China’s Ministry of Public Security published a notice on Friday reminding Chinese citizens that it was illegal for anyone to organize trips of 10 or more individuals to go gambling in Macau’s casinos. Anyone receiving commissions or introduction fees through organizing such a trip would be punished by law. The Ministry stated that while gambling was legal in Macau, China reserved the right to decide on a case-by-case basis whether or not mainland residents who traveled there to gamble were breaking the law.
In December, Chinese authorities detained several individuals connected to mainland junket operators that funnel high-rollers into Macau’s VIP gaming rooms. Rumors soon spread that China was planning a much broader crackdown on junkets, but such an action has yet to materialize. That made Friday’s announcement all the more curious, given its focus on the package tour business, which works with the lower-end mass market gamblers.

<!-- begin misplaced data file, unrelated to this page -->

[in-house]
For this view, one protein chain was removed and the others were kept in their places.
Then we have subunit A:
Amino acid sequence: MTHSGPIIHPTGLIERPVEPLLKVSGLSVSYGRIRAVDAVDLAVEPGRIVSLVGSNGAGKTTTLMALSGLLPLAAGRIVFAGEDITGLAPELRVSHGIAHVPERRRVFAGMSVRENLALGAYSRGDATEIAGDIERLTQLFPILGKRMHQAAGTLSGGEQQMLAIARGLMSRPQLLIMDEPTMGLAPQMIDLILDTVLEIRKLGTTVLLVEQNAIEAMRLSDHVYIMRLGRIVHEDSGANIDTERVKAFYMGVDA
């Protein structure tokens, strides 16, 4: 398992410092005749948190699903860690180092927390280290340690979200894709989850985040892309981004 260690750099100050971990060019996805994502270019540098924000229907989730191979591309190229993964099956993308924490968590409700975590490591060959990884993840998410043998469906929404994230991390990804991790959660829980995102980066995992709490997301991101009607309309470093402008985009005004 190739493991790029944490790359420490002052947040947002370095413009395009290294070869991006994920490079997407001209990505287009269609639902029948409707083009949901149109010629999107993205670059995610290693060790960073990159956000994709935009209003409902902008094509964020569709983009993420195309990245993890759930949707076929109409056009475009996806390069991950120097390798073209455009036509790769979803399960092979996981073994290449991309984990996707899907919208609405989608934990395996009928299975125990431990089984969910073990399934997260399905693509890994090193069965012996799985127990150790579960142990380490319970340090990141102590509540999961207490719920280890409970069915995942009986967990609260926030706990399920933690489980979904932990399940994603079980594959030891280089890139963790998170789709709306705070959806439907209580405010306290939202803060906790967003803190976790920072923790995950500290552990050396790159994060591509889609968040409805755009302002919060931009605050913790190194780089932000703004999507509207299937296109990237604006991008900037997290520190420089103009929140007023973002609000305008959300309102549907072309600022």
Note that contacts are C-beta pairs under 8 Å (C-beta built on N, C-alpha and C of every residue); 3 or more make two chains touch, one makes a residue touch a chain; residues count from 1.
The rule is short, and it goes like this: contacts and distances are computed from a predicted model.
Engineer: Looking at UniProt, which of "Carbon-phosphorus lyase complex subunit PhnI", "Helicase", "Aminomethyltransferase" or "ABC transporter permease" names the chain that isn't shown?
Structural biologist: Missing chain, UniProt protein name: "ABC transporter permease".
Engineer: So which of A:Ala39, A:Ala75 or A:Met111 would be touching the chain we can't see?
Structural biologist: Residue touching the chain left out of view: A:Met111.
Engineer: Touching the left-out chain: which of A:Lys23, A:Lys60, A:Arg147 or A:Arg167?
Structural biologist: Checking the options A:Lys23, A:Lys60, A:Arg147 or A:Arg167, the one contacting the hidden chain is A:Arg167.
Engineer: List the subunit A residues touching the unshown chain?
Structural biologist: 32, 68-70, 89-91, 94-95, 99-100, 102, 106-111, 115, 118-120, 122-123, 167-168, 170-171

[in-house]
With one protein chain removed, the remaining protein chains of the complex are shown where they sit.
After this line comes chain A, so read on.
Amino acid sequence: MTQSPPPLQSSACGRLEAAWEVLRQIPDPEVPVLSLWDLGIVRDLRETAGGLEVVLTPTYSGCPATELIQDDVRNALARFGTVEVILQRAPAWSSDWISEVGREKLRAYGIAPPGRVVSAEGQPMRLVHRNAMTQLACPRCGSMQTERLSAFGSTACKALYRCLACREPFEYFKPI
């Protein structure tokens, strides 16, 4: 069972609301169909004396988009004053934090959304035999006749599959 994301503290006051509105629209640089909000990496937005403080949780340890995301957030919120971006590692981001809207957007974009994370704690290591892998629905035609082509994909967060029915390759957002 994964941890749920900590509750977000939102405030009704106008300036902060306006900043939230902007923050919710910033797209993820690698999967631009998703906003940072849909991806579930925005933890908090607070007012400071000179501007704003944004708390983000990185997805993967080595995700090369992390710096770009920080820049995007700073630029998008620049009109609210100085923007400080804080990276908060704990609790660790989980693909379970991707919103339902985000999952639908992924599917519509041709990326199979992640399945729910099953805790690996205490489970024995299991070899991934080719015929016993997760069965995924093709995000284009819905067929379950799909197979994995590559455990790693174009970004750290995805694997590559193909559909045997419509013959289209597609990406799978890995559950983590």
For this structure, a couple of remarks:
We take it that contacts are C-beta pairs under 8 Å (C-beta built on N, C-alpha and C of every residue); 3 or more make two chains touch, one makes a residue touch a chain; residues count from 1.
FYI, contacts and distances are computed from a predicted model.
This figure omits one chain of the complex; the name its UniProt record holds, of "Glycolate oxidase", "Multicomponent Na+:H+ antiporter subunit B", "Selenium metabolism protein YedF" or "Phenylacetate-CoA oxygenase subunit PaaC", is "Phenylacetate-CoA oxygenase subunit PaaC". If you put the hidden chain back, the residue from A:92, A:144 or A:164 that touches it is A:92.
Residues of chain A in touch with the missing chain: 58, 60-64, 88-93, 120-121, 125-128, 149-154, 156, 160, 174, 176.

Before anyone gets too excited, Ben Lee, managing partner of iGamiX Management and Consulting, told CalvinAyre.com the Ministry’s release didn’t amount to much more than “restating the status quo.” Lee said the most surprising aspect of the Ministry’s release was the 10-person “window,” given China’s firm belief that anything involving gambling – organizing package tours, advertising, collecting debts, etc. – is illegal. Lee said he didn’t expect the announcement would have much of an impact on business in Macau.
Lee’s views were echoed by Wang Changbin, an associate professor at the Macau Polytechnic Institute’s Gaming Teaching and Research Center. Wang told GamblingCompliance that the Ministry’s pronouncement “just reiterated the previous provisions … The ministry has not issued any new regulations or officially warned the people who come to Macau for gambling.” Nonetheless, it will be interesting to see if package tour organizers start subdividing their gambling hordes into groups of nine individuals or less, just in case.